Our Readers' Opinions
March 8, 2016
Where do we go from here? – Part C

If change will not come from the Government or from the political parties, change needs to come from the people at large. The nation needs to go through a process of healing. In the words of Brother Rose, we need a national “upliftment”.{{more}}

It is unfortunate that while we received adult suffrage in 1951, 65 years later we are still in political infancy because we have refused to move on from the petty politics of the 1950s and 1960s. We claim to be operating in a democracy, but we choose to embrace intolerance for any view but our own; we carry grudges and hate; we view the Opposition as enemies; we shout each other down; we say hurtful things to others; and our commentators declare that we are in a constant state of gutter politics and that our nations has sunk to lows never seen before. These are not the principles of a democracy. I can understand these actions of the 1950s and 1960s. Adult Suffrage was new to us and perhaps the responsibilities and privileges were not well explained to a society that was largely not well educated. However, today we are living in an Education Revolution, where there are so many people with MA, MSc, and PhD degrees walking our streets, where so many of our young have completed their secondary education and have graduated with several subjects at the “O” and “A” levels. We are a well educated society, so there is no reason to be stuck in political infancy, except for the fact that our politicians have kept us there under the divide and rule principles and we are stuck in that trap. We have allowed our political affiliations to define us. Politics is our religion and we treat our political leaders in godlike fashion.

One of my biggest disappointments in reading about the election campaign was the almost total partiality that came out loud and clear from some writers. It was clear that many were merely mouthpieces for one or the other party. Their political one-sidedness rang almost hollow. I notice that Peter Binose has now posted that he has left SVG to return to his comfortable homes in New York and the UK and has left SVG to rot. I found his writings rather biased; he was always ranting and raving against Ralph and one gets the feeling that his sole purpose in life was to see Ralph deposed as Prime Minister. So, as he did not get that, like the rich kid in a game of cricket when he does not get his way, he takes his ball and goes home, putting an end to the game. Here is news for you, Peter, Ralph is still Prime Minister until the Court rules otherwise and life and government in SVG goes on. I hardly believe that SVG will suffer because you are gone. In an election campaign, we need political commentators who could set aside their political biases and discuss topics and issues in an informative and impartial manner. There is nothing wrong with taking a side or trying to win over opinions, but you do not do so with blatant biases. When you preach solely to the ULP or the NDP, you do not win over anyone, as you are preaching to your choir. You should be writing to convince readers from the other camps to come over to yours and to get the undecided to lean towards your view. Political commentary is a wonderful opportunity to get messages across, but you only succeed through persuasion. Never forget that there is always two sides to any story and readers need to hear the other side as well.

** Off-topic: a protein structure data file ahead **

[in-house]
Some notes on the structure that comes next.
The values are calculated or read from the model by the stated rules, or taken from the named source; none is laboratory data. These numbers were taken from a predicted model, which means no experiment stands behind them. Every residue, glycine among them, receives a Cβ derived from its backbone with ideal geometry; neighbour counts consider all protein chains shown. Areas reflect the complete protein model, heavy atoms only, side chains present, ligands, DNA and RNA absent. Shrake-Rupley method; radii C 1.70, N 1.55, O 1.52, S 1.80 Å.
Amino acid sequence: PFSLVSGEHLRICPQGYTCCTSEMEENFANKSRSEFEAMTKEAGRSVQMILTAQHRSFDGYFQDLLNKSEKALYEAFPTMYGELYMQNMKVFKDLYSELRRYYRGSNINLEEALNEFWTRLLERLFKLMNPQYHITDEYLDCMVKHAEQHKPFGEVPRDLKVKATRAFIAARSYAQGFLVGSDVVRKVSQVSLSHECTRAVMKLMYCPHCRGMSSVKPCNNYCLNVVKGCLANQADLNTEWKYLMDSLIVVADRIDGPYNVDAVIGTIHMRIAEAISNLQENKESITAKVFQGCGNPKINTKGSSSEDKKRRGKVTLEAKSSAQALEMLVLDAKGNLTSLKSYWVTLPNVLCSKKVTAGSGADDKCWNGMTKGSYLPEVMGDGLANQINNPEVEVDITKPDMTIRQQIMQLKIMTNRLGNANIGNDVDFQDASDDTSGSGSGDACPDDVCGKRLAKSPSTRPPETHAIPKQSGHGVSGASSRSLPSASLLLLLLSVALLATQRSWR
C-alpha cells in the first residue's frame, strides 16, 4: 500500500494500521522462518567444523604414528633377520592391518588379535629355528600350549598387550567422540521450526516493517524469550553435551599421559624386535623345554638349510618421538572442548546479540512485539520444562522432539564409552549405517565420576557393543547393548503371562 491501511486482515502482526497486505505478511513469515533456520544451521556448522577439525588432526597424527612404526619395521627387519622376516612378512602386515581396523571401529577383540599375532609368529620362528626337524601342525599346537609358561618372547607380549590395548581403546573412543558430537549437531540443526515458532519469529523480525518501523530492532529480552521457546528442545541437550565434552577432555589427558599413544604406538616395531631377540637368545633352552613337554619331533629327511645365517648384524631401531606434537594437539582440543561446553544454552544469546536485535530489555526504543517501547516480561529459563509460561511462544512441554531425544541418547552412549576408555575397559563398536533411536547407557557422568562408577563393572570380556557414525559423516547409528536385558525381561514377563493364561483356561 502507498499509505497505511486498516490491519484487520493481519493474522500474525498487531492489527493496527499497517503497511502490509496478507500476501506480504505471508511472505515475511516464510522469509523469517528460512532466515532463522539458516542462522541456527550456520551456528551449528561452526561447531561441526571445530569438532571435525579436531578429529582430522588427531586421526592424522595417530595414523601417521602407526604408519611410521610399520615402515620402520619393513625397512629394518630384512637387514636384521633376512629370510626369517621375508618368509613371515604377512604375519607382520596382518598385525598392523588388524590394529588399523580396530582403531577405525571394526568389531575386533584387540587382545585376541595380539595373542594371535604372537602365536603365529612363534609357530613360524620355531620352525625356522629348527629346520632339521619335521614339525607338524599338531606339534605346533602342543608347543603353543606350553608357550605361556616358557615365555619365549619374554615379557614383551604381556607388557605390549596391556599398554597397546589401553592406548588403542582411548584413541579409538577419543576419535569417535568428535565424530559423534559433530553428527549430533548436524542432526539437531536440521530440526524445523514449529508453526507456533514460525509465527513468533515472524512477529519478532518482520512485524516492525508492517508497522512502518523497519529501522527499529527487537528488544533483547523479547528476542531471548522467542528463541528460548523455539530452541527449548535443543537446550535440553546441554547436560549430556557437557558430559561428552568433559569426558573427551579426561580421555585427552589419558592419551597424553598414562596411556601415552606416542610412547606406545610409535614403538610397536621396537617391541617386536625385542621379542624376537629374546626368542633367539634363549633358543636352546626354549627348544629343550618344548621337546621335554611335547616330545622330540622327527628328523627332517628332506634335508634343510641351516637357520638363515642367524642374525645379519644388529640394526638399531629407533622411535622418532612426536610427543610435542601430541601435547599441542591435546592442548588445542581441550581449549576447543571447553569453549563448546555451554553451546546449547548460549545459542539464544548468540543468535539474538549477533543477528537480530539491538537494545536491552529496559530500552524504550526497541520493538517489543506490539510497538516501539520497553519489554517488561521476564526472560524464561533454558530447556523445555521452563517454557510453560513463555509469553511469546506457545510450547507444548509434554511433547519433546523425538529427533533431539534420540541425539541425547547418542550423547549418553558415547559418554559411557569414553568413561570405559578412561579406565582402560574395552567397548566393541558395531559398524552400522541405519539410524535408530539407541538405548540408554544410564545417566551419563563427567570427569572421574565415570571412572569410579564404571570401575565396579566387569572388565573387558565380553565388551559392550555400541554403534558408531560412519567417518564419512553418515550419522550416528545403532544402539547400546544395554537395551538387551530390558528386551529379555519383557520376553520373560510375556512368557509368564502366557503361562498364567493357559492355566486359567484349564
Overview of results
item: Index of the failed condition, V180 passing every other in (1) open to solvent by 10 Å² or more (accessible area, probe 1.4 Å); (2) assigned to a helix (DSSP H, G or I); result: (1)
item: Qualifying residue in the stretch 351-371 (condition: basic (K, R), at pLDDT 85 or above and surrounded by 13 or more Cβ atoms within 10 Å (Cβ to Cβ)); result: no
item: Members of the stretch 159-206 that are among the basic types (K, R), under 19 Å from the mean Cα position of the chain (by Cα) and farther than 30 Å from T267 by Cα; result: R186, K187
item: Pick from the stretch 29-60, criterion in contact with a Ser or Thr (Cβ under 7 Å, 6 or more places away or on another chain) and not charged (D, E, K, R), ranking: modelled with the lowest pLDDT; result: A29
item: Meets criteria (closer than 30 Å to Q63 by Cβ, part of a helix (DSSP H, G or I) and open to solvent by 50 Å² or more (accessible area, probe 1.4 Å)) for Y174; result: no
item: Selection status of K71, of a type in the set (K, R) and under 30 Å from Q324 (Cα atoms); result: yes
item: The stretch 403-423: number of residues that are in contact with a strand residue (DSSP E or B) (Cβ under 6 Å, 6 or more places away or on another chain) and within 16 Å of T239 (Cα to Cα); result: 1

Another disappointment was the constant forecasting of a 10 to 5 or 12 to 3 NDP win. Such predictions are counter-productive. They could lead people to stay away from the ballot box, because the win is already predicted and in some minds, assured. When they do not materialize, they cause severe discontent and lead people to believe that fraud was prevalent. Furthermore, they could cause damage to a party, because if election after election the pundits predict a win and it does not happen, people could start to question whether the party is electable and support could slip. These pundits should leave such predictions to persons trained in the science of polling, who even with their training are sometimes wrong. It would have been far better to say that the hope is for an NDP victory and to encourage people to turn out to vote for the party of their choice and let the poll on election day speak.

Friday, in the final part of this series, we look at things we must be willing to change.